Jump to content
Brian Enos's Forums... Maku mozo!


  • Content Count

  • Joined

  • Last visited

About IronArcher

  • Rank
    Calls Shots
  • Birthday 03/31/1968

Profile Information

  • Gender
  • Location
  • Interests
    Archery, Martial arts, firearms, motorcycle road racing.
  • Real Name

Recent Profile Visitors

943 profile views
  1. “Oil eater”, and if it’s really bad, a brass brush. Sent from my iPhone using Tapatalk Pro
  2. Edit: time of wear test was 2 minute, not 5. Next tests will be 30 second intervals x5 rounds at a speed as close to 20 FPS as possible. Last test calculated to only around 12 FPS.
  3. That’s a good idea. I may well add that to the test. Might look at it like the guy that cleans and lubes every trip to the range, vs. the guys that clean after more than a few thousand rounds. Do note though, the thickest oil performed almost identically to the thinnest synthetic auto Lube.
  4. The test method was designed to closer replicate what is going on with a gun. Specifically, a semi auto. Most wear tests use an oil reservoir. Guns don’t (cars do). It tests wear resistance, and how well your lubricant will keep working without a constant supply. Take it for what it is worth, for some that means nothing. For me, it is a reliable and repeatable test that closer represents wear in firearms. For the above question, the T-6 was the 5w-40, and did do the best. One other feature of the T-6 (that I don’t know how to test) is that it deals well with soot. Mobil SHC 634 was very close, but this is a very thick industrial oil that probably isn’t best for keeping fast moving parts moving fast. As for the results and what they mean, again, they might not mean much. I have used CorrosionX exclusively for years without any signs of failure. It didn’t do great on the wear test, but it did OK. Surprises were Frog Lube and XP222 grease. Both did poorly. When applied as directed, the Frog Lube was low friction, but high wear... it didn’t last. Using it like oil, it did better, but I’m not sure how long it would stay put... it’s very thin. Xp222 was the worst grease, hardly any better than nothing. Thinner greases faired better. Kroil was another surprise. I didn’t expect it to do as well as it did. Others have sworn by it, so I added it to the test. Clearly, synthetic oils worked the best. So that’s what I use on wear probe parts. CorrosionX on everything else. Your mileage may vary.... or not.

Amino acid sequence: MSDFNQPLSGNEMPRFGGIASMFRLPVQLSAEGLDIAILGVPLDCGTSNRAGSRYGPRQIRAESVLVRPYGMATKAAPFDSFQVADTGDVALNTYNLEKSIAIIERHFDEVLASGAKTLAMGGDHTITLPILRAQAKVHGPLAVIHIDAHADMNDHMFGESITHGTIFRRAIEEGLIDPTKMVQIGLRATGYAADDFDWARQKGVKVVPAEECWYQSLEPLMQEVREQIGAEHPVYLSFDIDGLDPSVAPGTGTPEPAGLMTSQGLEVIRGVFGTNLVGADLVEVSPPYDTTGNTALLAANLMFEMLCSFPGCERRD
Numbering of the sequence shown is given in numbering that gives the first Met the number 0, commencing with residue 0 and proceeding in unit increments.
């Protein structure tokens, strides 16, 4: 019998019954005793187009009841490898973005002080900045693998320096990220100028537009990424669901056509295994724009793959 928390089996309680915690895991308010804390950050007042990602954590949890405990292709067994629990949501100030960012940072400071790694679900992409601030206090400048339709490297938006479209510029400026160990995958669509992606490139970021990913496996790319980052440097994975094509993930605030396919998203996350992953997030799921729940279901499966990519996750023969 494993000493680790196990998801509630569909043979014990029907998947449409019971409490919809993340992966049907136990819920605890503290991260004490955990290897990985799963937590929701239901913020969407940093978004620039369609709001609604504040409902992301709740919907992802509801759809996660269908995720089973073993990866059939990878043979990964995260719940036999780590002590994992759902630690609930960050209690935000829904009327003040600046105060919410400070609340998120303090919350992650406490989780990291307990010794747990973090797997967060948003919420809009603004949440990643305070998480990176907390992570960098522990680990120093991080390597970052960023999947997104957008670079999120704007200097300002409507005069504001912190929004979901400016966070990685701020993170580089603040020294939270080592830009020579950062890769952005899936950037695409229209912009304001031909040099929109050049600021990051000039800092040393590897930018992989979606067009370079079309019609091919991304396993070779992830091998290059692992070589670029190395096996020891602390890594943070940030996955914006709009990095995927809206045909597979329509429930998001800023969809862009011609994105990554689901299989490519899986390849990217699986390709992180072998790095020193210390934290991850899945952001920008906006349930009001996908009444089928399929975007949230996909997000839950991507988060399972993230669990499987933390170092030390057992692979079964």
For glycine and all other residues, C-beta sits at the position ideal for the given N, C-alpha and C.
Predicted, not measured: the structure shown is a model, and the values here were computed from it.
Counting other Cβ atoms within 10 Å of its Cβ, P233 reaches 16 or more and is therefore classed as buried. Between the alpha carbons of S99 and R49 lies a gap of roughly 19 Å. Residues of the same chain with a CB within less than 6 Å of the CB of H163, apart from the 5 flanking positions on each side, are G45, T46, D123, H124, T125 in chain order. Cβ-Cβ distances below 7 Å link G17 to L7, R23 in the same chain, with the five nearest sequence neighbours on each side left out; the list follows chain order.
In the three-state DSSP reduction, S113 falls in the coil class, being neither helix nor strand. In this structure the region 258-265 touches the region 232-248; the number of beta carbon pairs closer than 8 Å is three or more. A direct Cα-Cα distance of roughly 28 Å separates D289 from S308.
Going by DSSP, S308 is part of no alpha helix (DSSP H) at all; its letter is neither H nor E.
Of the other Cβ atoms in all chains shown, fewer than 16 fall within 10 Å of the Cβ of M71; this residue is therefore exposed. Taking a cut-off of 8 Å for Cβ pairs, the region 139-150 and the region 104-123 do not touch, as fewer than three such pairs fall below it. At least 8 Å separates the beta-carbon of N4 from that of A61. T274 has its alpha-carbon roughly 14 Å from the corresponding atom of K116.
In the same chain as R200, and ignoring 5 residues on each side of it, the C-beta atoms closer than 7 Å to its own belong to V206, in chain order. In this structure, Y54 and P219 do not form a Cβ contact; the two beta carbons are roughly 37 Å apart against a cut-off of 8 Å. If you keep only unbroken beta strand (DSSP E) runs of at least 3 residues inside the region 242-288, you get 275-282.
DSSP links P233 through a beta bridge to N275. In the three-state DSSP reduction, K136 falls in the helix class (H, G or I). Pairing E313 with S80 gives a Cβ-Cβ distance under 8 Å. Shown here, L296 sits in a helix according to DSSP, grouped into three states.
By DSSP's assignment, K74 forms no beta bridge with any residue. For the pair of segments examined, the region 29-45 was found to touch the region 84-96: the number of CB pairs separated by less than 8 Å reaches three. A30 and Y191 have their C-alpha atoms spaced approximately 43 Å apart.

5. As mentioned, it is possible that none of this really matters. That said, if it does, these are the results of my wear testing. If you are not familiar with some of these lubricants, ask me and I’ll give more detail. Tests were done with a rotating smooth steel rotor on a section of steel bar stock. All had the same amount of pressure and ran for the same amount of time (I have to find my notes, but I believe it was 5 minutes) at 700 RPM. This is different from some other tests as I did not maintain a supply of oil or grease to the parts. Parts were wetted, what stayed stayed, what didn’t didn’t... just as it would on a gun.
  6. After a lot of testing. I settled on Rotella T-6 for any sliding/moving bits, and Corrosion X on the rest. I found most CLPs suck at preventing wear, grease traps heat, and dirt, and doesn’t stay where you really want it to stay... especially on slide rails. In the end, does it really matter? I don’t know, but I know I am not paying more for some CLP, that doesn’t prevent wear or Corrosion as good as the Synthetic oil I already have or Corrosion X that still costs a lot less than “gun lube”. And I’m not using grease on reciprocating parts, or parts I want to try to keep cool.
  7. How does one milk a gun? [emoji6] Sorry, it was too good. I would be interested in seeing some examples and what the perceived real world benefits were/are.